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Our Adventure Stories

Last week, we brought all our learning in English together to write our own adventure stories based on Kensuke’s Kingdom. We used varied sentences, tension building techniques, descriptive vocabulary and paragraphing.

We wrote the stories in our English books, editing along the way to ensure it was always our best work. We then published them in neat.

We made front covers and blurbs for the back of our published books. Here are a few examples...

A Ship’s Log


This term, each week, we have entered some of our writing in a ship’s log. We created the log books ourselves, based on the log book examples in our class reader, Kensuke’s Kingdom. We are so proud of the results!

Can my reader picture my character? Is my description clear and detailed enough?


Today we started writing our own adventure stories based on Kensuke’s Kingdom. To start our stories, we described our characters, making sure we included a great amount of detail in our description so that our partner could draw a careful image. Our partners then gave us helpful tips so that we knew what to add to our description to make it even better.

How do authors build suspense?


Today we explored how Michael Morpurgo created an atmosphere of suspense in his writing about when the character gets stung by a jellyfish. We identified that the author used short sentences, senses, partial sentences and repetition. We then had a go at describing the event  in our own words, using the same techniques. After our 15 minutes of silent writing,  each other’s work and made comments on who had achieved the success criteria we identified.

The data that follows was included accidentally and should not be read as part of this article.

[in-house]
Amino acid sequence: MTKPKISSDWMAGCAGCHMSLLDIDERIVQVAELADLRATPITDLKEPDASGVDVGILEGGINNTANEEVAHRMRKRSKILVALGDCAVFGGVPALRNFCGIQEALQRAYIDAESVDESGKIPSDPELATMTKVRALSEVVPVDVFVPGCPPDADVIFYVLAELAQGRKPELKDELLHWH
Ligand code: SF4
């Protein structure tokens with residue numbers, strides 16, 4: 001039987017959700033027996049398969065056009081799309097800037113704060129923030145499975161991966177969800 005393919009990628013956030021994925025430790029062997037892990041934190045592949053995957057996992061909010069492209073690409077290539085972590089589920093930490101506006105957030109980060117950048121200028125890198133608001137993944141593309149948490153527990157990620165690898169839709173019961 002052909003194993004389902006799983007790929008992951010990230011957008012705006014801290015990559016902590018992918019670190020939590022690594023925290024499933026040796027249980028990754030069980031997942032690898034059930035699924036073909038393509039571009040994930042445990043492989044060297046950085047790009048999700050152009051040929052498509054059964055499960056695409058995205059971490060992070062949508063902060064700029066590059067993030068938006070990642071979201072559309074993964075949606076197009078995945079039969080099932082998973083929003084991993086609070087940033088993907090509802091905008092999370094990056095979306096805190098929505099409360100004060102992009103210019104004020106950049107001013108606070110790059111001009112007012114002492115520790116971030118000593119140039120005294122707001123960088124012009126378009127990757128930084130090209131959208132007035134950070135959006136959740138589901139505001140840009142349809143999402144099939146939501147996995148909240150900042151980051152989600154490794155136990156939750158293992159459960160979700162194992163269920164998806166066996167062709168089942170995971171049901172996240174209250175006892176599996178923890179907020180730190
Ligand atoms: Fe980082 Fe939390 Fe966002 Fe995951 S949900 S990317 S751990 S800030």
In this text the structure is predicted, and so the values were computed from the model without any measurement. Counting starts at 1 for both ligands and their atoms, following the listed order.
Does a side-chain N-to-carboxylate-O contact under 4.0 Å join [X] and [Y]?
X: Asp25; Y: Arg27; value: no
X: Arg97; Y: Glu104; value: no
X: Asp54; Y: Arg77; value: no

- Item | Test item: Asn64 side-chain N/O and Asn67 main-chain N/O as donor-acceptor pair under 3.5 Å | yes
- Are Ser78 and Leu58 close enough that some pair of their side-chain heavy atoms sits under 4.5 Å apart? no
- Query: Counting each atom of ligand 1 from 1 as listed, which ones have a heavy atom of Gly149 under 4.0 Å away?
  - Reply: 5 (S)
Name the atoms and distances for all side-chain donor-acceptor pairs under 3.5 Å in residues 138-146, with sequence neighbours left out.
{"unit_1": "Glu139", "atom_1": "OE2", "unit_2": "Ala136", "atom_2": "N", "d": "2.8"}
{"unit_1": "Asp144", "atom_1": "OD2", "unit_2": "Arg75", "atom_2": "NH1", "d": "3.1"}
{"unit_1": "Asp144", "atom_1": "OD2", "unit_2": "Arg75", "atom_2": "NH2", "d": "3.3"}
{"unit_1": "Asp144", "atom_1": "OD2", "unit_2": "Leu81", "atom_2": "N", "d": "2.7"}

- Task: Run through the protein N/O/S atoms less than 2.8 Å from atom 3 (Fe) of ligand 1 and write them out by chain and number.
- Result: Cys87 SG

How do authors make their writing interesting to the reader?


We discussed all the ways that writers make their writing interesting to read. One of the ways is to use a variety of sentence openers so that sentences are lively, exciting and varied.

A strategy we use in school to help us to remember different types of sentence openers  is to use ISPACE words. Today we experimented with making sentences using each of these.

The Gurgling Bell


Having studied the ballad of ‘Inchcape Rock’ this week, today the children published their ballads entitled ‘TheGurgling Bell’.

They were challenged to tell the story of how the bell was discovered and what happened next ...

What is a ballad?

This week we have been reading and listening to the ballad of ‘Inchcape Rock’.  The children were introduced to the poem and asked to continue it by writing their own verses in the style of the author.

What can we predict about a story?


We were given some clues (images, photos, quotes, words) about the story and we had to link these to create a story prediction that we needed to justify and explain to each other.

Who is Michael Morpurgo?


We were each given some information about Michael and then we had 5 minute speed data sharing session in which we had to learn as many new facts about him as possible! We then recorded this information as a spider diagram.